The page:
Shoulder Dislocation Surgery
The joint with the most mobility is the shoulder. It does many functions as lifting the arm, rotating it, and reaching up to your head. It can be turned in many directions. But this substantial amount of mobility can be the reason for instability in the shoulder.
Instability in the shoulder is the result of upper arm bone forcing out of the shoulder socket due to a sudden injury, such as a fall or accident.
After the dislocation, it is susceptible to repeated incidents known as chronic shoulder instability.
There are three common causes for shoulder instability
The reason for shoulder dislocation is mostly due to major injury or trauma in the beginning.
The head of the humerus dislocates resulting in the injury of socket bone and the ligaments in the front of the shoulder. The labrum may also get injured, frequently known as a Bankart Lesion. The initial dislocation can give rise to constant dislocations, resulting in instability.
The second reason for shoulder dislocation is hyperlaxity. This is the condition of having looser ligaments in the shoulder as normal anatomy in some people.
At other times it can be the result of routine overhead motion. Some of the sports that need repetitive overhead motion are swimming, tennis, and volleyball that can give rise to hyperlaxity. Many professions also need repetitive overhead work.
It can become very tedious to maintain shoulder stability in case of looser ligaments resulting
in a painful, unstable shoulder.
In some patients, the shoulder can be unstable without any injury or repetitive burden. In such cases, the shoulder can be loose or may dislocate in many directions. This indicates that the ball may dislocate in the front, out at the back, or may come out under the shoulder. The situation is called as multidirectional instability.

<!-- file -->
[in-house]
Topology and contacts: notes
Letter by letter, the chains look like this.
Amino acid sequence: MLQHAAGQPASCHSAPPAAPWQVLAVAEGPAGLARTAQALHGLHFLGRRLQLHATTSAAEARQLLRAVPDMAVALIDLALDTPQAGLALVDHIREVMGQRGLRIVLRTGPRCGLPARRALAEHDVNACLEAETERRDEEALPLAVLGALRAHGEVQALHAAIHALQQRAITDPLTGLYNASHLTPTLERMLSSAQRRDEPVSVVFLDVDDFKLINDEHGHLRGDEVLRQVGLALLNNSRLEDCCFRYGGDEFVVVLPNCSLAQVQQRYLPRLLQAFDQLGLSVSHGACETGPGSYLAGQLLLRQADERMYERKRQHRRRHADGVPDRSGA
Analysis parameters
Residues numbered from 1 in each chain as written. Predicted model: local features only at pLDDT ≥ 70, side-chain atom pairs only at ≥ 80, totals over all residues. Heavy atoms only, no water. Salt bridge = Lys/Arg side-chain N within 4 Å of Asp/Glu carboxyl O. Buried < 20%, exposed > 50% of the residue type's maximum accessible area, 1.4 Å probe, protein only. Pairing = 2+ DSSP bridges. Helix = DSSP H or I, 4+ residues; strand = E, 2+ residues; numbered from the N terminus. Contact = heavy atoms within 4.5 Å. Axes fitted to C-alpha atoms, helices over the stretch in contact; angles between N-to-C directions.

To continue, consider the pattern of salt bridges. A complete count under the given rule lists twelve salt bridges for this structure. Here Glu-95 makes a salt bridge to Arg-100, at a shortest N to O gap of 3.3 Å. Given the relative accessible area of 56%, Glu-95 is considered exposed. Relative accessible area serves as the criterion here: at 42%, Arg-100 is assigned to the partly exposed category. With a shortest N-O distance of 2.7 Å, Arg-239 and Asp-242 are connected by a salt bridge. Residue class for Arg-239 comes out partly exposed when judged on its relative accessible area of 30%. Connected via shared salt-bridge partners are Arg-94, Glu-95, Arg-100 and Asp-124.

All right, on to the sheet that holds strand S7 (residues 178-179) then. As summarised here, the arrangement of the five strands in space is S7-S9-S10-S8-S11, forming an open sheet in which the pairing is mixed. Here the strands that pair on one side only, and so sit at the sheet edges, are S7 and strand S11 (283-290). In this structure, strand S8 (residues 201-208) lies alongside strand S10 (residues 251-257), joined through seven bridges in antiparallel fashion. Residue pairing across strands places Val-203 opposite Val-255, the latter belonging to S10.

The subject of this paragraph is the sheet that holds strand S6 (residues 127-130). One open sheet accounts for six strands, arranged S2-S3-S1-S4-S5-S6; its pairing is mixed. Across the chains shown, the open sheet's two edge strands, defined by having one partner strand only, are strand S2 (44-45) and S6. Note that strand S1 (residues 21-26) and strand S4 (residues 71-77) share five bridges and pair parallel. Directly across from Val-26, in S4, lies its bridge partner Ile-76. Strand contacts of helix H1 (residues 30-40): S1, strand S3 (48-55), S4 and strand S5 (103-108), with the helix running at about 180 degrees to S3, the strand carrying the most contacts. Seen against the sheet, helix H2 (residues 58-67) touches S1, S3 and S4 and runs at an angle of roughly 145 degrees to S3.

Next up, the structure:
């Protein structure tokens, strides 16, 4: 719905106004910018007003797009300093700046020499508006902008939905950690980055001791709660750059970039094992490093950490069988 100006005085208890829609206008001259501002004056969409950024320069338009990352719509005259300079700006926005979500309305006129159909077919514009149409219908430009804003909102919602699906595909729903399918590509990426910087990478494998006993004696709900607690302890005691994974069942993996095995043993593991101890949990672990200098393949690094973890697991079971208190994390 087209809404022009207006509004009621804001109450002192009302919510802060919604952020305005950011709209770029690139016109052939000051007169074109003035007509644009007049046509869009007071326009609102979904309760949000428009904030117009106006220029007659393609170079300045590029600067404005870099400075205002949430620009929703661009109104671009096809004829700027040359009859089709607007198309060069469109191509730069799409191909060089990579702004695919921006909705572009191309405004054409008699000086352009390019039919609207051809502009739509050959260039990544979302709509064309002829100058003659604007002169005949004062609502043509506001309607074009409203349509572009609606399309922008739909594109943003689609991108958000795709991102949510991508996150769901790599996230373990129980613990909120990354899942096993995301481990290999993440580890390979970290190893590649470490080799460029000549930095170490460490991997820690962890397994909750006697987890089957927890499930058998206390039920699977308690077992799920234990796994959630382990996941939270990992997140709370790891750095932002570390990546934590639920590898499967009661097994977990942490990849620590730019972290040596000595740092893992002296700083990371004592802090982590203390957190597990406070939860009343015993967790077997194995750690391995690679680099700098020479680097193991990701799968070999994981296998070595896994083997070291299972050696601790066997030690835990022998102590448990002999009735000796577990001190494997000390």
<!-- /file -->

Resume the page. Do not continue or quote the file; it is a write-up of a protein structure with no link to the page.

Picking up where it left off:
The main signs of severe shoulder instability are
- Repetitive dislocations of the shoulder
- Repetitive incidence of the shoulder coming out
- The shoulder feeling loose, slipping in and out of the joint, or just hanging there
Pain due to a shoulder injury
Severe shoulder instability is generally attended with nonsurgical methods at first. In case they are not effective in decreasing the pain and instability, surgery is needed.
A proper treatment method will be laid out by the doctor to relieve the symptom. It may take many months of medication before the proper effectiveness is measured. The process of non-surgical methods are as follows
Activity modification— some modifications may be needed in lifestyle and refraining from those work that may increase the condition.
Non-steroidal anti-inflammatory drugs — to reduce pain and swelling anti-inflammatory drugs like aspirin, ibuprofen, and naproxen may be administered.
Physical therapy.—The control on the shoulder can be increased by making the shoulder muscle strong by working on it which in turn can increase stability.
Surgical procedures are given to patients with repetitive dislocations for repairing worn-out or overworked ligaments to give them a better hold on the shoulder joint.
Arthroscopy— a minimally invasive procedure is used to treat soft tissues in the shoulder. Arthroscope helps the surgeon to view inside the shoulder with a tiny camera and do the surgical process with special tiny instruments. Arthroscopy is a same-day procedure.
Open Surgery— may be needed by some patients. In this process, a cut is made over the shoulder and the repair is done under direct vision.
Rehabilitation.— A sling may be used to hold your shoulder after surgery for some time.
After the removal of the sling, exercises are to be done for rehabilitating the ligaments. These exercises are important in bringing back the range of motion in the shoulder and preventing scarring of the healing ligaments.